For snack bars specifically, however, we can go beyond these five clues and add one more: a generous dose of protein, because many of us look to snack bars to fill us up. Protein is the most satiating of the nutrient classes, meaning it is the best at making us feel, and stay, full.  This is helpful for weight control, among other things. Second, protein is vital to working muscles; if snack bars help you fuel up for or recover from a workout, protein is key.

However, too much of a good thing is not good. Virtually no Americans are deficient in protein. Adults need, on average, only about 50 grams daily (one chicken breast provides more than half of this total) so snack bars that use protein concentrates to dole out 20 or 30 grams per bar are over-the-top, in my opinion. Despite the marketing hype, there is no established performance benefit of highly concentrated protein from isolates. Moreover, excessive protein on a daily basis can actually cause health problems over time, affecting everything from the liver and kidneys to the skeleton.  I prefer to get my protein in reasonable doses from wholesome food sources I know are good for my overall health, than from protein isolates that have never been shown to confer any long-term health benefits.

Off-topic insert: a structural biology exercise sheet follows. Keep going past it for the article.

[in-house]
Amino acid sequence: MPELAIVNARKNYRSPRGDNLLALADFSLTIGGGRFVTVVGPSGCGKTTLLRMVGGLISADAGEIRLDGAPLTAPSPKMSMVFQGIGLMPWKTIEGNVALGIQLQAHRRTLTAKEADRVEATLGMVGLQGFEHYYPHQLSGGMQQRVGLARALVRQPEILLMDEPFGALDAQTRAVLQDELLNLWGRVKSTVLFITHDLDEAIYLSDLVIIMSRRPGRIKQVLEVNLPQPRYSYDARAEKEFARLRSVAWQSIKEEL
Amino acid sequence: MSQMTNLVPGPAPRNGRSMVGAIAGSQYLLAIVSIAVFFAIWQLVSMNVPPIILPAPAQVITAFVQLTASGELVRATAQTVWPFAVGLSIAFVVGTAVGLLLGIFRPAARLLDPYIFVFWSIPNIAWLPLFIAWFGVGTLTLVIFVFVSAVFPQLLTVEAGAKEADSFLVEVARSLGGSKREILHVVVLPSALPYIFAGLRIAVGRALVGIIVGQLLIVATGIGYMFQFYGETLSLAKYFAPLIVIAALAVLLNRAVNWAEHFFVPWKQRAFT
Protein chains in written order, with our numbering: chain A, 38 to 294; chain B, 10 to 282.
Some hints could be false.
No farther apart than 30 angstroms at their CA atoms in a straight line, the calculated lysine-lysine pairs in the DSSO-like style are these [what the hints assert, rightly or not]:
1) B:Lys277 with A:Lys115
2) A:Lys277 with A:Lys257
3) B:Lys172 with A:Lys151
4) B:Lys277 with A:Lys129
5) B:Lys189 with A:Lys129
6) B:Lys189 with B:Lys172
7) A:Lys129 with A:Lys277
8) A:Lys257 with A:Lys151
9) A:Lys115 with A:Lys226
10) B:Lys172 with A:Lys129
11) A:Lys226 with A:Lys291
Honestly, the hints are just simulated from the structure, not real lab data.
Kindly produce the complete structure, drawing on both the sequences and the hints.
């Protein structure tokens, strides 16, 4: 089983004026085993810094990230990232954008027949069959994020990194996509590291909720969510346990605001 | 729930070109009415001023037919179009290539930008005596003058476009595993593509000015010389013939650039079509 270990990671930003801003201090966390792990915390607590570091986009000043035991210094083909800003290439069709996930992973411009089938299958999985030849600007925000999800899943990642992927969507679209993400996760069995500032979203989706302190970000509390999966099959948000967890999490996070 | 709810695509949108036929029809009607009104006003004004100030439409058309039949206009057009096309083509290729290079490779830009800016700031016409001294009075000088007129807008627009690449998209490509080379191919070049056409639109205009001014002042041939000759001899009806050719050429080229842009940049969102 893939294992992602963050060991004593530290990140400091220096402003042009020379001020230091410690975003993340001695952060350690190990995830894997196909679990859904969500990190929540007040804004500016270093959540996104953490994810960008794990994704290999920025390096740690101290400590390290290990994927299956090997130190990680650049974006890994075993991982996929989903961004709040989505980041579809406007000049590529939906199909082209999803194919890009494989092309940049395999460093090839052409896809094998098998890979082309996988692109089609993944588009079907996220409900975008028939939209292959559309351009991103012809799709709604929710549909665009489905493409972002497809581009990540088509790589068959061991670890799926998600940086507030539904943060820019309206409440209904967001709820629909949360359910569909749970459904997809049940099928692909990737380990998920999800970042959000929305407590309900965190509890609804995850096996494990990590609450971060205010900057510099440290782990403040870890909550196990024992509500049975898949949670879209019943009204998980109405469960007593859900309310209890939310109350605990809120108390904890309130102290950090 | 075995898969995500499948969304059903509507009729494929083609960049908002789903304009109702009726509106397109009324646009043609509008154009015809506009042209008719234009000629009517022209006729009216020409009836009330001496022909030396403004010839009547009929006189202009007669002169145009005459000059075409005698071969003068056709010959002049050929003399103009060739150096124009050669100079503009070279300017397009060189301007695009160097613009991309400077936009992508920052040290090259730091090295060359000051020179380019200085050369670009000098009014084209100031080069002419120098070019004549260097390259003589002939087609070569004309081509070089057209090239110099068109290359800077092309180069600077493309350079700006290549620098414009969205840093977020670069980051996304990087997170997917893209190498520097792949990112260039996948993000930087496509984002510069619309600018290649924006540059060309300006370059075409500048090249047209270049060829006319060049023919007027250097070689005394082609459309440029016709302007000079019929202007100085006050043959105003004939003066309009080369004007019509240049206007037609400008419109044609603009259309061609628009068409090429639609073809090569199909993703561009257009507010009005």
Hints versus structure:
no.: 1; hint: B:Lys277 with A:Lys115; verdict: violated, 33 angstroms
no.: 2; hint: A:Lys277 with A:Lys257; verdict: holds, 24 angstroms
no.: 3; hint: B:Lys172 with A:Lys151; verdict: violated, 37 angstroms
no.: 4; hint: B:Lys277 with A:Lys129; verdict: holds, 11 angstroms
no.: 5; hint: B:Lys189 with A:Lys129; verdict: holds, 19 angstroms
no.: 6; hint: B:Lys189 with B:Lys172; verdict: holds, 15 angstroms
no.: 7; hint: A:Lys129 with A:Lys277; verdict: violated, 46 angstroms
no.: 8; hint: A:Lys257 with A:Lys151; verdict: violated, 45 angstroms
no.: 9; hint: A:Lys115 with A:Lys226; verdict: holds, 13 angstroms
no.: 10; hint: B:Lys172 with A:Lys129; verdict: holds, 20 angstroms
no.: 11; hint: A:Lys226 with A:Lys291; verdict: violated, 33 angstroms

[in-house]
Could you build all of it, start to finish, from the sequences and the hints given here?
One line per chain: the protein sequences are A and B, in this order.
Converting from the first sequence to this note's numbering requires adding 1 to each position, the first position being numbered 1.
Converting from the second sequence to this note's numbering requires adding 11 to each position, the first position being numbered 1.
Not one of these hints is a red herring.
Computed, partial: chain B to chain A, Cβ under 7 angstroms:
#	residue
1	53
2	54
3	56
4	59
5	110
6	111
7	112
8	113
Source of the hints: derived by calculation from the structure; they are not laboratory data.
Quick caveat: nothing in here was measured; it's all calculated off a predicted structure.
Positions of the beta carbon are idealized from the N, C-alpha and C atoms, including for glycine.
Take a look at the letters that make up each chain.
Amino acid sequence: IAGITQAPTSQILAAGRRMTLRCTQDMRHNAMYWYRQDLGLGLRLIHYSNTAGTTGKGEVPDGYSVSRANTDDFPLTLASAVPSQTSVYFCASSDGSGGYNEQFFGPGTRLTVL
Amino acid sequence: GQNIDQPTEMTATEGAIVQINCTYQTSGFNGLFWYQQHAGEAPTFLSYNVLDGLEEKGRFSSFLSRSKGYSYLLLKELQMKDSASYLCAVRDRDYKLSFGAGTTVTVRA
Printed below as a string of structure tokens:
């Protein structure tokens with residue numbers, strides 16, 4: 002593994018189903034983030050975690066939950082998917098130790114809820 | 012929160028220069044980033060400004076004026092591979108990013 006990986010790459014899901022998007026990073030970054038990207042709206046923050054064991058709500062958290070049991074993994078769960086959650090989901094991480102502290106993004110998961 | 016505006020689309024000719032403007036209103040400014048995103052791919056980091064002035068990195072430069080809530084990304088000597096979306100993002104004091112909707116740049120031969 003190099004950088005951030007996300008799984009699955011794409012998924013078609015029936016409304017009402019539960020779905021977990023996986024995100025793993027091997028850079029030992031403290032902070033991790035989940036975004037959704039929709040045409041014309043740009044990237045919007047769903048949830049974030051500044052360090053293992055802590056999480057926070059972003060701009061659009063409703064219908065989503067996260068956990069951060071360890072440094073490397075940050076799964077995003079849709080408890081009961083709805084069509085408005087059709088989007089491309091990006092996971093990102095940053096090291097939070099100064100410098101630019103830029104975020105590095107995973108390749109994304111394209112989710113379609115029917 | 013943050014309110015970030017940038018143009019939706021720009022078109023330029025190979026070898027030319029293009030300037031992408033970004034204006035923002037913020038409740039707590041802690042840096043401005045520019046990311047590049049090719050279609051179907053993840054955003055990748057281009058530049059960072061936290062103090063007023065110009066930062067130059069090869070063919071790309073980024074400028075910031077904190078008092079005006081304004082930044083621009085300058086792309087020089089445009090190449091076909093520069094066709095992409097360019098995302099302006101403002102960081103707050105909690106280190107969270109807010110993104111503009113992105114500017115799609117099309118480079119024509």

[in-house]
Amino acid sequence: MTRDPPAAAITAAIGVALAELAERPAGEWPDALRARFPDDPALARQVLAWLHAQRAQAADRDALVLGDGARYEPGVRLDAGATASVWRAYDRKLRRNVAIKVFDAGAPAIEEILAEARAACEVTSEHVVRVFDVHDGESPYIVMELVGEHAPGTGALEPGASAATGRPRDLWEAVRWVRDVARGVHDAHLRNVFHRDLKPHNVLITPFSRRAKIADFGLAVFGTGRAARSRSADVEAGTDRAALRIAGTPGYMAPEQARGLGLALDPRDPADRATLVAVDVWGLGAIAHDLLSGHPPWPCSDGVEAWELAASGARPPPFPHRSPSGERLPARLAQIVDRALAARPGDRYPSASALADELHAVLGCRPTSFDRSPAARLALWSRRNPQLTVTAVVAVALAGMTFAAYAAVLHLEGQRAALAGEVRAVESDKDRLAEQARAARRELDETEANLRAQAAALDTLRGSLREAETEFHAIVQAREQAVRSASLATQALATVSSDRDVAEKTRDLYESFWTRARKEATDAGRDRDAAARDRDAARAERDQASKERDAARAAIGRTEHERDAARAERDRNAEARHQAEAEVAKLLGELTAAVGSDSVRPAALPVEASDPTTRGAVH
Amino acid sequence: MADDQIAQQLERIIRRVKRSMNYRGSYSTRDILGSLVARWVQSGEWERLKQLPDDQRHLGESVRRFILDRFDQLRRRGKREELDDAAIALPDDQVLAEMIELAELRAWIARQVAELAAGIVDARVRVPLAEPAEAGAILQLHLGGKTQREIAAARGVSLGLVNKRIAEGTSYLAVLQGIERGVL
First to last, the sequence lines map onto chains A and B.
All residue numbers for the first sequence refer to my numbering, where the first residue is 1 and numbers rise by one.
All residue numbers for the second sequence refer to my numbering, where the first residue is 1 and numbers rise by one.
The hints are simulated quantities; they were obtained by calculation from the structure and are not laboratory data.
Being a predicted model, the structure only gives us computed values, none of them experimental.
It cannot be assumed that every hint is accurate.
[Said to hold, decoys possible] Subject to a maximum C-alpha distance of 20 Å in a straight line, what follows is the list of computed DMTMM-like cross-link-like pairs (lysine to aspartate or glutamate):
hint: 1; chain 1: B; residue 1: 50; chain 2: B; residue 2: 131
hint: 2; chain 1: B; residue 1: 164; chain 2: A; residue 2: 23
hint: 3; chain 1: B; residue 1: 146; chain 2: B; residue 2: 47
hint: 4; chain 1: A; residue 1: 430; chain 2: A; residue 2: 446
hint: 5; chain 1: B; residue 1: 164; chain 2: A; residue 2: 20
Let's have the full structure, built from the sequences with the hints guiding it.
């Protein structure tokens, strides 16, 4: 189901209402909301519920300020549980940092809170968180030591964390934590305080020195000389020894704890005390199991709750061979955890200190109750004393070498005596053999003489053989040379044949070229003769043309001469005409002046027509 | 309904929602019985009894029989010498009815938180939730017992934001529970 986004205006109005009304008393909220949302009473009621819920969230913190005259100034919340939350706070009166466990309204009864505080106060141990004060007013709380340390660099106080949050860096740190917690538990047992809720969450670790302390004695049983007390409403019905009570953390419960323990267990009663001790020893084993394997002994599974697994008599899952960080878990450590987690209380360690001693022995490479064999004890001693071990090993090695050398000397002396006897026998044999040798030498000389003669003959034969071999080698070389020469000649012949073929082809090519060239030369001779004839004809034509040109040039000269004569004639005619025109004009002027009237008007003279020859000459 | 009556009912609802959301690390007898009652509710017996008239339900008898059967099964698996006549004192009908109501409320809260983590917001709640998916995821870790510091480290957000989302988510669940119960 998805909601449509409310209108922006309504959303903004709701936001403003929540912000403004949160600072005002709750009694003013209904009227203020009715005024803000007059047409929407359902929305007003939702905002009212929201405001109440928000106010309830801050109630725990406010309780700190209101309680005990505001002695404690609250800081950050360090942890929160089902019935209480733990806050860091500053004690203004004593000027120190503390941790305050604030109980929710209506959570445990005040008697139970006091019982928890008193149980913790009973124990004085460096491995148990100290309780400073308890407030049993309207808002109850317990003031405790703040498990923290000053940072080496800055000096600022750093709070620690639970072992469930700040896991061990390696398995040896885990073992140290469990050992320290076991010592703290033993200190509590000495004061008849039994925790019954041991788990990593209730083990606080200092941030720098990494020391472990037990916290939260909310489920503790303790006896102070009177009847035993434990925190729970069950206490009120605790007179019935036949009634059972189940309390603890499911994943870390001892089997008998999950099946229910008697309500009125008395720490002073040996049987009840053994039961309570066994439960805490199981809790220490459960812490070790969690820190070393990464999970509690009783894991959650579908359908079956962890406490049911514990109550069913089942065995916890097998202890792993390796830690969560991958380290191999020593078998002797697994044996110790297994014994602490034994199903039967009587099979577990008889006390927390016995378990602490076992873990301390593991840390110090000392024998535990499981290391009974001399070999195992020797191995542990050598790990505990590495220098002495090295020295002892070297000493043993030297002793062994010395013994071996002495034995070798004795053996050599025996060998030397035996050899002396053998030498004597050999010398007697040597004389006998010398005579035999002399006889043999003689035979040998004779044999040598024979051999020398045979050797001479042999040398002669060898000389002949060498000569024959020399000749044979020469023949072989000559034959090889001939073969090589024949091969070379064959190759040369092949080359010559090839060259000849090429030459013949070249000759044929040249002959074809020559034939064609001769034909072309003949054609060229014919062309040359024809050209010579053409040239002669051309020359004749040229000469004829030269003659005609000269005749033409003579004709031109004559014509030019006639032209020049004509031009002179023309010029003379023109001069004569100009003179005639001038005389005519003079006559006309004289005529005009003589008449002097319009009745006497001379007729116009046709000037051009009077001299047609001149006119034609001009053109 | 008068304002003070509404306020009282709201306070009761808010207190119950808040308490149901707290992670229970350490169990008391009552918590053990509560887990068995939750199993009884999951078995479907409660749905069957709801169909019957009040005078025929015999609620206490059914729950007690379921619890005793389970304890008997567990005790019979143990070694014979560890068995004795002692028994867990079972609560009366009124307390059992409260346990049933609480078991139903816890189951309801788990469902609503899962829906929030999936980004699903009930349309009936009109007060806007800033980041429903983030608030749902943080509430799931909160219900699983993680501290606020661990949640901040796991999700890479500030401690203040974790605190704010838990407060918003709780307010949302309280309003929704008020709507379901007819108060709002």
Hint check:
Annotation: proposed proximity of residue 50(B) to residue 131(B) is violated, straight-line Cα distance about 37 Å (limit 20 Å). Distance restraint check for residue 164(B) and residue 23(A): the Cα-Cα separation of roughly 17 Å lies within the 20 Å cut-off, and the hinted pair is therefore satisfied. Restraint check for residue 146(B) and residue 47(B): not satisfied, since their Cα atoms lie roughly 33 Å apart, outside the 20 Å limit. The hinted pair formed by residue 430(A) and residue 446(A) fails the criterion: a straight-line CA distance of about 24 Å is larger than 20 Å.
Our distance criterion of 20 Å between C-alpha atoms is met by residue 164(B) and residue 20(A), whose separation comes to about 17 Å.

My advice, then, is to focus on ingredients first. Look for nuts, seeds, fruits, and whole grains to predominate. Nuts and seeds are both rather good protein sources, and whole grains are moderate sources. Importantly, though, these foods are associated with good health outcomes over a lifetime, and are rich in a variety of beneficial nutrients, spanning vitamins, minerals, antioxidants, healthy oils, and fiber in addition to protein. Fruits add many more nutrients, although not much protein, and of course enhance taste.

While studies suggest that concentrated protein is satiating, the same is true of nuts, the routine consumption of which has been associated with numerous health benefits, including a reduced mortality risk overall. Along with protein, nuts provide fiber and mostly unsaturated fats. The combination appears to be more satiating than protein alone, and is decisively better for health. Fruits bump up the fiber content, and contribute to satiety as well. On the nutrition facts panel, look for a minimum of 2 grams of fiber, and 3 or more grams of protein. In general, get the ingredients right, and the nutrients, protein included, will take care of themselves.  

The best snack bars are good because of what they do contain (healthful ingredients in a sensible, tasty combination, and protein from wholesome sources), and also because of what they don’t (sugar alcohols, artificial sweeteners). I keep these dos and don’ts in mind as I navigate the snack bar aisle, and recommend you do too.    

David L. Katz, MD, MPH, FACPM, FACP, Senior Nutrition Advisor KIND Snacks, is recognized globally for expertise in nutrition, weight management, and the prevention of chronic disease. He is the founding director of Yale University’s Yale-Griffin Prevention Research Center; President of the American College of Lifestyle Medicine; and Editor-in-Chief of the journal, Childhood Obesity.